Can Gardening Count as My Workout?

Last week, I was at Davis Mountain Fitness & Training Camp, where I hiked, ran, yoga-ed, water aerobicized, and swam to my heart’s content. I even had a lovely walk to and from meals. My body was almost always in motion.

This week….well, I’ve avoided my regularly scheduled exercise. Confession: I’ve skipped all of it. Rain cancelled my Aqua Interval class. Even Jazzercise was affected by potential flooding. I ran nary a step on road or trail.

To be honest, I just didn’t feel like it.

What I did feel like, however, was yard work. Every sunny moment (and even quite a few rainy ones), I raked, clipped, swept, pulled weeds, bagged leaves, spread gravel, and generally puttered around with plants. My time outside was a joy.

Neon letters placed on grass that spell out "JOY."

Afterward, I slunk around, moaning about being a slacker for treating myself to fun yard work instead of hitting my planned workouts. But should I—feel guilty, that is? Could gardening actually pull double-duty?

Calorie Burn in Gardening

Photo of leaves swept into a pile with smiley face made out of twigs.

According to an article for WebMD by Gina Shaw, calories expended in an hour of yard work are as follows:

  • Heavy yard work, such as landscaping, moving rocks, hauling dirt: 400–600
  • Raking and bagging leaves: 350–450
  • Gardening, such as pulling weeds, planting flowers: 200–400
  • Mowing the lawn: 250–350
Large moth resting on herbs in garden.
I love the bugs and critters that go along with a xeriscaped landscape. Photo credit: Leah Nyfeler

What accounts for the spread? Well, age plays a factor. As we get older, our bodies lose muscle and gain fat (oh, cruel world). So even though I’m quite a vigorous gardener, I’m not burning through those calories at the rate my 35- (or even, ahem, 45-)year-old self did.

Because I so enjoy working outside in the yard, I have stamina on my side. It’s like running; I MUCH prefer filling a day with miles on the trail to pushing pace over a fast, hard 5K road route.

Left to my own devices and without any pressing schedule, I will easily spend 6 hours working in the yard. Yes, I forget to eat. Neighbors stop by to say, worriedly, “Are you STILL out here? Have you taken a break yet?”

I’m that crazy old lady devoted to her yard. If “Xtreme Gardening” were an X Games event, I could medal.

Will Gardening Keep Me Fit?

Purple trailing lantana with metal lawn chairs in background

The Mayo Clinic explains that 70 percent of calories burned in any day are set by an individual’s basal metabolic rate, which is determined by age, body mass, and sex. The rest? That’s up to thermogenesis, a fancy word for the various processes that go into eating, and physical activity.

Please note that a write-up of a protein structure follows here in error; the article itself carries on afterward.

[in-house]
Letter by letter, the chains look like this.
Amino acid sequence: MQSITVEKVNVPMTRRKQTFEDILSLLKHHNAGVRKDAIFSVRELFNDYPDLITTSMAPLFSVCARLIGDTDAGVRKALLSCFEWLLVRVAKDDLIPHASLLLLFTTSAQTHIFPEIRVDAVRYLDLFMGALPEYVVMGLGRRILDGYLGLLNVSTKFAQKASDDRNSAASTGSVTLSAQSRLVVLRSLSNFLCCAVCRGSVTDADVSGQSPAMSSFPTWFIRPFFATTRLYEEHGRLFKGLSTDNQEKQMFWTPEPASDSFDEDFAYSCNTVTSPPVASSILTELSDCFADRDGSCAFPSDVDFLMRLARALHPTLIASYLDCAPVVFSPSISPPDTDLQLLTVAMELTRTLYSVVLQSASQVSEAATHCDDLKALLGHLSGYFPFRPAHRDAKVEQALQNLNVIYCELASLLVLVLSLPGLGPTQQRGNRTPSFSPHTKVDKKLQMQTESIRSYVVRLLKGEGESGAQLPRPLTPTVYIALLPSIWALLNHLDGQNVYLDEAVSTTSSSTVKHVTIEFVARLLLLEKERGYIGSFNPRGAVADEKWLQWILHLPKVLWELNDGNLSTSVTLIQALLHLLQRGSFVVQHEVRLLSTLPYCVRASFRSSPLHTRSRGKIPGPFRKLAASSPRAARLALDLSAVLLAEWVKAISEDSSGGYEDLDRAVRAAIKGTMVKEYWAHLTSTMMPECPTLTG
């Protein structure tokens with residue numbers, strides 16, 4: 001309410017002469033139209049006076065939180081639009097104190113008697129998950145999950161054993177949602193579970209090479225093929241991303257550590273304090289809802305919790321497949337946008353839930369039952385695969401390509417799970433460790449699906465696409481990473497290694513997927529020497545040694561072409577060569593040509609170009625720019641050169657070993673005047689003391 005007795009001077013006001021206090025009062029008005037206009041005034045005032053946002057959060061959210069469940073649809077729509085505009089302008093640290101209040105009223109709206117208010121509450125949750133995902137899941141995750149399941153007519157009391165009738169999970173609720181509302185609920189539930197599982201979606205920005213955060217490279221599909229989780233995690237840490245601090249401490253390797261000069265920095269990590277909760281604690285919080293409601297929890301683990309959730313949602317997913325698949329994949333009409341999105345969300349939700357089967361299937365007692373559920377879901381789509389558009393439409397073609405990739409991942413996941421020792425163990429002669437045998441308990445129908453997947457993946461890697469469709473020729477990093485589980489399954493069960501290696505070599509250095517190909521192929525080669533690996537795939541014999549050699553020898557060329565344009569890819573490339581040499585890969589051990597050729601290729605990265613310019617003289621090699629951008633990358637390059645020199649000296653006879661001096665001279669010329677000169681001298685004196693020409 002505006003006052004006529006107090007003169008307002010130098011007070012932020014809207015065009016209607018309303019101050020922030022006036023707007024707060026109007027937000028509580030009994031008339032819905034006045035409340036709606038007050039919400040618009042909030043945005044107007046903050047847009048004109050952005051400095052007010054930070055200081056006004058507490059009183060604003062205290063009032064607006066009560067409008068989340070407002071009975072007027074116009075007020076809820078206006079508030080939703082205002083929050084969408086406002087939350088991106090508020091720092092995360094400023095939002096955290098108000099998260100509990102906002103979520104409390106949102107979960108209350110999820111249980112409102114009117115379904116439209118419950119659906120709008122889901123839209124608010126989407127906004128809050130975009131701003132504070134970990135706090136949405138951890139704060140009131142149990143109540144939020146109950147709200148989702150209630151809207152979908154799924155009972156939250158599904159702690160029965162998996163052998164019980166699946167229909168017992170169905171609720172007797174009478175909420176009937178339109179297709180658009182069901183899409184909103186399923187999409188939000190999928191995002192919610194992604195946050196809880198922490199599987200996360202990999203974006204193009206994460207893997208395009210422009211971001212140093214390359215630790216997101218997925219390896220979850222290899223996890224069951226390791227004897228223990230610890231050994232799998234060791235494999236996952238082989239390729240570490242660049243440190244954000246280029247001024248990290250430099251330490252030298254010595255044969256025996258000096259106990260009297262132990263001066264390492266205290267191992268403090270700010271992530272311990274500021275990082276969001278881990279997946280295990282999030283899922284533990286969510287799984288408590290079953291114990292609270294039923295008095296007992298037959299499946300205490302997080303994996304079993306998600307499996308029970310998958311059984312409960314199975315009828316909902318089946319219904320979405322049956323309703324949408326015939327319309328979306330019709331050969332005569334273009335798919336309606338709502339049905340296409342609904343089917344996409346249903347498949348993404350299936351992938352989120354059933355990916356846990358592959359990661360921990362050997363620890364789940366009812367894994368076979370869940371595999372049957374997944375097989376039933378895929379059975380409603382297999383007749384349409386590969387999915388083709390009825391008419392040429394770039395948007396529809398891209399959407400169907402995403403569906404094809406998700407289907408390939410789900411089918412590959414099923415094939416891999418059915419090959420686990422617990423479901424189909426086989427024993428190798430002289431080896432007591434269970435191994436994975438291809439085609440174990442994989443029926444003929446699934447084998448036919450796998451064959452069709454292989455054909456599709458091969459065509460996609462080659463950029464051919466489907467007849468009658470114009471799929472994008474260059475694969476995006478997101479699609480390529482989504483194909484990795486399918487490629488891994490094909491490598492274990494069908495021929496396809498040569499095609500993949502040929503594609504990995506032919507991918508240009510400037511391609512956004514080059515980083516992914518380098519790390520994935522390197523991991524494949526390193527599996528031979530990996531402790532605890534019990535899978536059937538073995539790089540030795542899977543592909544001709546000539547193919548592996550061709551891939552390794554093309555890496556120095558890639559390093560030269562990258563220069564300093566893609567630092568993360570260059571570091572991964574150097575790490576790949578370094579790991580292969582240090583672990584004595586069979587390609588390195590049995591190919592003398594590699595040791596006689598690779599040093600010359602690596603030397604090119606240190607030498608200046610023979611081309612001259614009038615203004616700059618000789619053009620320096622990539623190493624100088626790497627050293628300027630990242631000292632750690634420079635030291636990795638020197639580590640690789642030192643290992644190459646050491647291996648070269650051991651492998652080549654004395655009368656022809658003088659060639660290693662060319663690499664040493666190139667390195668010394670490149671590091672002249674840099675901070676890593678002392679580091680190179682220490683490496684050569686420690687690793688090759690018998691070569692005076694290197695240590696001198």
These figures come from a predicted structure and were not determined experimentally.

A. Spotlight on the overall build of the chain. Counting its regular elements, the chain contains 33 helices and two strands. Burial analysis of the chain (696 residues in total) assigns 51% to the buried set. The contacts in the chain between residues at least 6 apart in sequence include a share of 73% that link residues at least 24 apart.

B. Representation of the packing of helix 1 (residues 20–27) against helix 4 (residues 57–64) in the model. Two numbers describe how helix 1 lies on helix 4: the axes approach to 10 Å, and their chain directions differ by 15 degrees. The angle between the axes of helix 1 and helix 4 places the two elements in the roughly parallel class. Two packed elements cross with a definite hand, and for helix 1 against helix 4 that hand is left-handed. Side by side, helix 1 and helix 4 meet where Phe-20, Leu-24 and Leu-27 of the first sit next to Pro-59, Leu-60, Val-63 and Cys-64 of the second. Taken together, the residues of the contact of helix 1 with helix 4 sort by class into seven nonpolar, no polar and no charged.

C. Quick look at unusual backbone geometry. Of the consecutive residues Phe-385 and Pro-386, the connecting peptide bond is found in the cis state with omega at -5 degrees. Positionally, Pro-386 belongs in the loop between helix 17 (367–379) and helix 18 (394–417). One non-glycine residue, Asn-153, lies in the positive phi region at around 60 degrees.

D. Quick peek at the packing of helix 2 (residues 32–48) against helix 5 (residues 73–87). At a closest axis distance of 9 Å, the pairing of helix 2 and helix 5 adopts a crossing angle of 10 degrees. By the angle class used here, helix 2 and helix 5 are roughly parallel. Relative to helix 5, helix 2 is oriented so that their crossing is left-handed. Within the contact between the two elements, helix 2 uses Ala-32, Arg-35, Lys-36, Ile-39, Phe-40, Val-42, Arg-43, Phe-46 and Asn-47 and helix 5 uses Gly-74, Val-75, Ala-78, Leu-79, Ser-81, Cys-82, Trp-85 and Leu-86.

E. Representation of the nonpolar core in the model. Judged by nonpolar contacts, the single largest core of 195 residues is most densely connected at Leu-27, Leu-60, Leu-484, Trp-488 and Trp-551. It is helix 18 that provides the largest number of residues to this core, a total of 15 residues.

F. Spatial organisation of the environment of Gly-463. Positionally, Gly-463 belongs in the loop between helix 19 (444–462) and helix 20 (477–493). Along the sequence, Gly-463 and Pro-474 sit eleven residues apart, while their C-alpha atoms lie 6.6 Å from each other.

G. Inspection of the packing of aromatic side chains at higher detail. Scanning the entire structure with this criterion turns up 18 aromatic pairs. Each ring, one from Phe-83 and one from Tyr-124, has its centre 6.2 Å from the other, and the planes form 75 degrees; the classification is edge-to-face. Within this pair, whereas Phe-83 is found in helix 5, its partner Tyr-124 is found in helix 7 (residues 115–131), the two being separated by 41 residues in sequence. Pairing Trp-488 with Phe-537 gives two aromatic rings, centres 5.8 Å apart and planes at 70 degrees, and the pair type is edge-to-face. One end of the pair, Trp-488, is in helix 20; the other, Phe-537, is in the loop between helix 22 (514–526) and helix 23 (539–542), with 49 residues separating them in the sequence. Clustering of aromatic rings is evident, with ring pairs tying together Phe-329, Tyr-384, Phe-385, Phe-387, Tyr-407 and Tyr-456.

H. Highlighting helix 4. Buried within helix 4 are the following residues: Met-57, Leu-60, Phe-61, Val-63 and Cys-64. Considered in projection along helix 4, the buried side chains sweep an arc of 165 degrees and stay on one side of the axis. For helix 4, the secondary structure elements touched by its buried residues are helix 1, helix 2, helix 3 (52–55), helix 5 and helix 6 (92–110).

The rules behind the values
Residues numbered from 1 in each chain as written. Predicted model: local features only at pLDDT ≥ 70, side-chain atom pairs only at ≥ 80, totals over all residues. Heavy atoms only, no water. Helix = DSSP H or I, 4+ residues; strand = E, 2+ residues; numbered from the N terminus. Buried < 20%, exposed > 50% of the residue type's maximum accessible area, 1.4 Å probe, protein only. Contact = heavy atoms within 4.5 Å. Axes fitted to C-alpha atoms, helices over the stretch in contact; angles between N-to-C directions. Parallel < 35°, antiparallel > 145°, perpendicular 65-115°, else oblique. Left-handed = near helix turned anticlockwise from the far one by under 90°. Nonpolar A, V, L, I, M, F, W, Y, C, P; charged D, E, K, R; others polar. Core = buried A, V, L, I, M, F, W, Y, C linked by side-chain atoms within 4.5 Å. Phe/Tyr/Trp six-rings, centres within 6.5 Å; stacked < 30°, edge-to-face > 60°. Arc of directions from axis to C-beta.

Physical activity gets broken down in to “regular aerobic exercise, strength training, and lifestyle exercise.” Lifestyle exercise: taking the stairs, walking, housework, all that everyday life stuff. Gardening falls into what is often dismissively considered the  “I don’t really work out” category.

I think every one of us who has ever trained for some sporting event worries that “lifestyle activity” is not enough of a workout to maintain fitness. The other worry? Whether everyday physical movement will keep us from getting fat.

I can’t tell you how many friends I’ve heard say, “I’m training for another Ironman/ marathon/ ultra/ pick your poison because I don’t want to lose this level of fitness and gain weight.” We’re just freaking scared to risk slowing down.

Clump of bluebonnets in Austin yard landscaping.

For an aging athlete, especially a woman who’s also taking a hit in the hormones with menopause, this is a huge struggle. I worry constantly–on which side of the workout line am I standing?

  • Am I wimping out or listening to an older body that needs more rest?
  • Have my results changed because I’m sadly out of shape or are they the inevitable creep of physical decline?
  • Am I letting myself go or has age brought greater acceptance of my body?
  • Is my competitive drive gone or am I setting realistic expectations?

What I have managed to accept is a much more relaxed view as to what constitutes the right workout mix. Three 1-mile walks in a day can step in for that 3-mile morning run. I can mix three run workouts with three days of Aqua Interval classes instead of six days pounding.

Healthy and happy means I’m successfully walking the workout line.

And so I’ll settle for 4 hours of fun-filled, bring-a-song-to-my-heart gardening instead of an early morning 4-mile run.

In hindsight, then, I have worked out this week. And now I’m wondering…when will my friends start inviting me to perform my lifestyle exercise in their yards?

Hen, rooster, and three yellow chickens in metal yard art.
I have a fondness for yard art. Meet my flock of free range chickens. Photo credit: Leah Nyfeler
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Published by Leah Nyfeler

I’m a writer, editor, runner, and adventurer who is always looking for the next new story, exciting adventure, and good meal/book/movie. My focus is on helping people find their best, healthiest self through sharing what I know and how I’ve come to learn it. In addition to my blog “Enjoying the Journey: Observations on the Fit Life” at www.leahruns100.com, my articles have appeared in a variety of print and online magazines. You can hear me as part of the 2015 Austin cast of Listen To Your Mother.

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